Saturday, May 14, 2016

A Better Mousetrap?

So you go to work just to watch some jerk
Pick up the perks you were in line to get.
And the guy that hired you just got fired,
Your job's expired, they just ain't told you yet.
- John Hiatt

If you are one of the thousands of young men and women in these United States (including my kick-ass niece Simone) who (a) is currently enrolled in an accredited law school; or (b) has just earned your J.D., and is planning to spend the first two-thirds of your summer studying for the Bar Exam, before setting out to make your mark in the legal profession, then news that broke this week is something to which you might want to pay more than a mere modicum of attention.  

BakerHostetler, which is one of this nation's largest law firms and has been in the business of law for one hundred years,  announced this week that it shall be the first law firm to license an Artificial Intelligence product to perform legal research.  According to this story, the firm shall license ROSS Intelligence in its bankruptcy practice.  ROSS Intelligence utilizes IBM's Watson technology and is designed to get smarter as it gets used.  Andrew Arruda, a co-founder of ROSS, has described it as, "the world's first artificially intelligent attorney.  ROSS is trained to read the law, understand the type of questions that lawyers might ask one another, and get smarter the more lawyers use it."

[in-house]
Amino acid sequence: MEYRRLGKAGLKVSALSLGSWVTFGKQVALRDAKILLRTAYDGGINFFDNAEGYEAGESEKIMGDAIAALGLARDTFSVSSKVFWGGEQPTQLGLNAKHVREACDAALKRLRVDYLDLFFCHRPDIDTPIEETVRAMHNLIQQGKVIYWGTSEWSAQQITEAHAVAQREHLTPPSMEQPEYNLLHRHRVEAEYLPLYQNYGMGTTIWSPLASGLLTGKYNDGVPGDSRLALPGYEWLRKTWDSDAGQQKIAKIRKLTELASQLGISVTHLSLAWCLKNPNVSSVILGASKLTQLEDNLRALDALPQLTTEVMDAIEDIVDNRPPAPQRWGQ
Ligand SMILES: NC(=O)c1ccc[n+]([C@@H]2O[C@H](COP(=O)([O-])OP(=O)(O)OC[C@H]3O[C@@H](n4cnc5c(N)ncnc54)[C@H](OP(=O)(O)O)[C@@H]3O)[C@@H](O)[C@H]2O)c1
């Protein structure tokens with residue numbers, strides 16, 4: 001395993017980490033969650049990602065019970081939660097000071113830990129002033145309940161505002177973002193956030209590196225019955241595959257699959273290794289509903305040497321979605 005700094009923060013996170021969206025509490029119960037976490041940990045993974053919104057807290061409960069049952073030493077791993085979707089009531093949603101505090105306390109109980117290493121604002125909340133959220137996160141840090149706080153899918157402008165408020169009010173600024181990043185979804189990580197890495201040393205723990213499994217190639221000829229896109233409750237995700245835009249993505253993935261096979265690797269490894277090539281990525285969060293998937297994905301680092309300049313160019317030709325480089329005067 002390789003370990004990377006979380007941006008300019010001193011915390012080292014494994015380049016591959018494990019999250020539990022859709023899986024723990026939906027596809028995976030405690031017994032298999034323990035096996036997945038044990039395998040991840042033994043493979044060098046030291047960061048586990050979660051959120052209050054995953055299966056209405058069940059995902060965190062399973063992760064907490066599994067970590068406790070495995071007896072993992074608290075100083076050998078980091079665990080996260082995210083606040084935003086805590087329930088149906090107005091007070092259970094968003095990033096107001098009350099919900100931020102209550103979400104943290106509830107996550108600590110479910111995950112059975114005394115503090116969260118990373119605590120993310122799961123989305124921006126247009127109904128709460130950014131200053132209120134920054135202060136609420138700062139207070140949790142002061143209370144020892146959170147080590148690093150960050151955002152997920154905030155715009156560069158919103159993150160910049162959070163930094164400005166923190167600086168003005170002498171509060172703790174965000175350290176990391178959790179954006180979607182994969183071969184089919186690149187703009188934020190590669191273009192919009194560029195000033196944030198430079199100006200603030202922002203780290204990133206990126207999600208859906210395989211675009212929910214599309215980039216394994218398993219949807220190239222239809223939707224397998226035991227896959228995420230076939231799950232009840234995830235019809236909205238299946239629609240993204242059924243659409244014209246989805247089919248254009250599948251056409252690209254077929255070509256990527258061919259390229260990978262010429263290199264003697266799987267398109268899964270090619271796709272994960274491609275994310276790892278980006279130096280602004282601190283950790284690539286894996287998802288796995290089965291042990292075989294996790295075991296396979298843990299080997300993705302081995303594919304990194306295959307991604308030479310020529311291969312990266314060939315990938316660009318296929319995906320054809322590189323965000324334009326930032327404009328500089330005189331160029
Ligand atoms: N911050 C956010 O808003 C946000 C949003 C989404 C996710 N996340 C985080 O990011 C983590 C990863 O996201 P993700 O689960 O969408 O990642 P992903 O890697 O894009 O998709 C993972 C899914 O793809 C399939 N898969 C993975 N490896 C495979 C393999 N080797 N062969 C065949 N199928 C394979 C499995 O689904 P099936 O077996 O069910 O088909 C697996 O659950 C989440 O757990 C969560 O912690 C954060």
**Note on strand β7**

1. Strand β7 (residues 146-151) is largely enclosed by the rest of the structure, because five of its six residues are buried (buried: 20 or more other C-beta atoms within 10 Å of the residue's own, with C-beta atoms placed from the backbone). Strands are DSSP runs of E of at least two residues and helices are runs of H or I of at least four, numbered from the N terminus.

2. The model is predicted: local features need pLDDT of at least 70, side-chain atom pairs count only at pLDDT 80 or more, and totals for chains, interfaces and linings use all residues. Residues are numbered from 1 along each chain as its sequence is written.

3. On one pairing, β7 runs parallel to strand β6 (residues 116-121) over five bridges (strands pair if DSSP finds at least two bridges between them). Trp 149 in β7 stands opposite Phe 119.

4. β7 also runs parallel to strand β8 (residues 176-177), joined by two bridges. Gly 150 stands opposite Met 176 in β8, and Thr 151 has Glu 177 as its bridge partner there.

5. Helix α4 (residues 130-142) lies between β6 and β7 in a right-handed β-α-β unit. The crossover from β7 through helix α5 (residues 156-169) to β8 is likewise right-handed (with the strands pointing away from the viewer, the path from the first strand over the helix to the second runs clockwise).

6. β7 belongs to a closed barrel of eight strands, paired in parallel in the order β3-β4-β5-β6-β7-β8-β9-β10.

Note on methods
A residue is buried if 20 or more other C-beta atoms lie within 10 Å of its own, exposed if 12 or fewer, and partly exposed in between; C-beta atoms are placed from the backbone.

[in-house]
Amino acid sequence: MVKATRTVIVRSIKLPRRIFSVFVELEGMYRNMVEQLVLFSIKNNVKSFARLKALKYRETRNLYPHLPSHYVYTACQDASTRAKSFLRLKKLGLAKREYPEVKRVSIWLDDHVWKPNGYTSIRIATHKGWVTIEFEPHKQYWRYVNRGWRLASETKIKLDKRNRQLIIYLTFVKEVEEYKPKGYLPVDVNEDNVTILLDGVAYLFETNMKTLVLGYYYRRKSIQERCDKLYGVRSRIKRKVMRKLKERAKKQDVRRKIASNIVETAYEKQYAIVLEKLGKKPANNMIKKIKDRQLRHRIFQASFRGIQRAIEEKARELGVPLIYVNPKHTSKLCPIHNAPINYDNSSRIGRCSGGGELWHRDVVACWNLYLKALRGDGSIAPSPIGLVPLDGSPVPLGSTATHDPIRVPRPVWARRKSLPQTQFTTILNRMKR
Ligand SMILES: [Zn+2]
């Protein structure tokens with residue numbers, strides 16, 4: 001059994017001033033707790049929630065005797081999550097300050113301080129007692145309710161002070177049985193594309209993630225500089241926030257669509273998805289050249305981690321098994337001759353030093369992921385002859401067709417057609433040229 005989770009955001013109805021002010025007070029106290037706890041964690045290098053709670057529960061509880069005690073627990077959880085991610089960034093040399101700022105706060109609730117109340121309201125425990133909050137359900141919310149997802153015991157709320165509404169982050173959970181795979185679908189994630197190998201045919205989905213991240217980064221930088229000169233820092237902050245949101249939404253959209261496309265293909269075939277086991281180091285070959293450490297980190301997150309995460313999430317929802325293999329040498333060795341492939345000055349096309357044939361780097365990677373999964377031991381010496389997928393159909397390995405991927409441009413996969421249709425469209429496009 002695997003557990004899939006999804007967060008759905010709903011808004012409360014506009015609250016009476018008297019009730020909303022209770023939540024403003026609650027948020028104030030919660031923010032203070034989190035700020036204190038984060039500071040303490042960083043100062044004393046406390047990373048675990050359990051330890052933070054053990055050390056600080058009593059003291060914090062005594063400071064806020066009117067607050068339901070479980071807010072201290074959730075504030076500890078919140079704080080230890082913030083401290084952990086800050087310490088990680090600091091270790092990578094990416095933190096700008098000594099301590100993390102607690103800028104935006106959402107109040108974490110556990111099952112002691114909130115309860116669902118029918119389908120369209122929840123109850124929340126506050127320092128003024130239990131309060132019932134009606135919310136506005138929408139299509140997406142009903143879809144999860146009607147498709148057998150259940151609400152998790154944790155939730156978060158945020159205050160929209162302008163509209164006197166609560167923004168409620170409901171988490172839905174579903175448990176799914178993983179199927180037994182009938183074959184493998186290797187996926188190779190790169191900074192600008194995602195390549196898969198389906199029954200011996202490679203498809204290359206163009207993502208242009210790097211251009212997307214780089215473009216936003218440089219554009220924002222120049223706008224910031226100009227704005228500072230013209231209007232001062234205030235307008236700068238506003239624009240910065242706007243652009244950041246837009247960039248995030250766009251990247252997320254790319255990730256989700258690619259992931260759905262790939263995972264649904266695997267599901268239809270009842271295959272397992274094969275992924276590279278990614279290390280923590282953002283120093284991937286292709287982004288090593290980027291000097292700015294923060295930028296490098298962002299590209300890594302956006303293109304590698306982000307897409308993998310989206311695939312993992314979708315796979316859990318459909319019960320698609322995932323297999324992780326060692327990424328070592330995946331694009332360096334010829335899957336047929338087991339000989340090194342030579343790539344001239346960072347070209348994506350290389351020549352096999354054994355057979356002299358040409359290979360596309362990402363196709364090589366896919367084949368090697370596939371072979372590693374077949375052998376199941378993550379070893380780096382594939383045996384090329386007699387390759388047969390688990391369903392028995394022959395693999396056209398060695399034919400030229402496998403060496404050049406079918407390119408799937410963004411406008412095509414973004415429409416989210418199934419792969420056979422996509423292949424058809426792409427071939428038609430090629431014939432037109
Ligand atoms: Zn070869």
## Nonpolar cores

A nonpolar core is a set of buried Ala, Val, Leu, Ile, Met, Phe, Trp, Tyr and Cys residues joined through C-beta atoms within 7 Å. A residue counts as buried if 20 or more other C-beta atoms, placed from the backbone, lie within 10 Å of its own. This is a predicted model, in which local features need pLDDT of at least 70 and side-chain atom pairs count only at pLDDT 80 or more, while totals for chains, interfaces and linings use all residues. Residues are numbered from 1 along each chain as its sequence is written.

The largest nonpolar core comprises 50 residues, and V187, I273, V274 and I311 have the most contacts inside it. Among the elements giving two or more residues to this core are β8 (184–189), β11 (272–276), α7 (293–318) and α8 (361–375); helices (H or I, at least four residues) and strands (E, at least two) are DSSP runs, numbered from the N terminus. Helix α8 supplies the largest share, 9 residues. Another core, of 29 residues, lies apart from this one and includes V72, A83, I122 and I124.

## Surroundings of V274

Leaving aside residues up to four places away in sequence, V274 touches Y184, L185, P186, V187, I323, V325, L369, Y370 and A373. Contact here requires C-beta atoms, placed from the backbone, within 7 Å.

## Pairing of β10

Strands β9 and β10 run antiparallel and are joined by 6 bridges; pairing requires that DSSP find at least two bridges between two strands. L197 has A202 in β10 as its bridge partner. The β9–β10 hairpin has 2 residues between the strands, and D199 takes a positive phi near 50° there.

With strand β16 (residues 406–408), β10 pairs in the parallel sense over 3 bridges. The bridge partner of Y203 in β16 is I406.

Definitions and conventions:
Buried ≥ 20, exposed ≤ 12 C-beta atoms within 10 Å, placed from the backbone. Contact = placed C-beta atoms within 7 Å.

Up until learning of its existence, I had spent two decades-plus believing that I am the world's first artificially intelligent attorney.  Who know that - in this instance at least - faux and artificial have dissimilar meanings? 

Cheer up, young barristers.  Regardless of how much smarter ROSS is than you are - and he is - there are certain voids that grizzled, veteran, senior lawyers revel in making young associates fill that ROSS will never be able to perform as well as you.  He is after all still just a machine.  So, he cannot swing a softball bat or shoot a basketball, which means that he can never surpass your contribution to your firm's Summer League softball team or its Winter League hoops team.  Neither can he express dismay, anger, rage, or despair when being told at 5:14 PM on a Friday afternoon that his weekend plans need to be cancelled because this "urgent" (legalese for "has been on my desk for some time and I have had no goddamn idea what to do with it") project must be completed in time for a 10:00 AM conference call Monday with the client.  

Of course, just to be ever vigilant in the area of self-preservation, spilling a bottle of water on him or unplugging him every now and again might not be a bad action plan.  Think of it as a "belt and suspenders" approach. 

And if all else fails, you can always take Mr. Hiatt's advice.  Take the afternoon off in order to go and buy yourself a brand new set of wheels...


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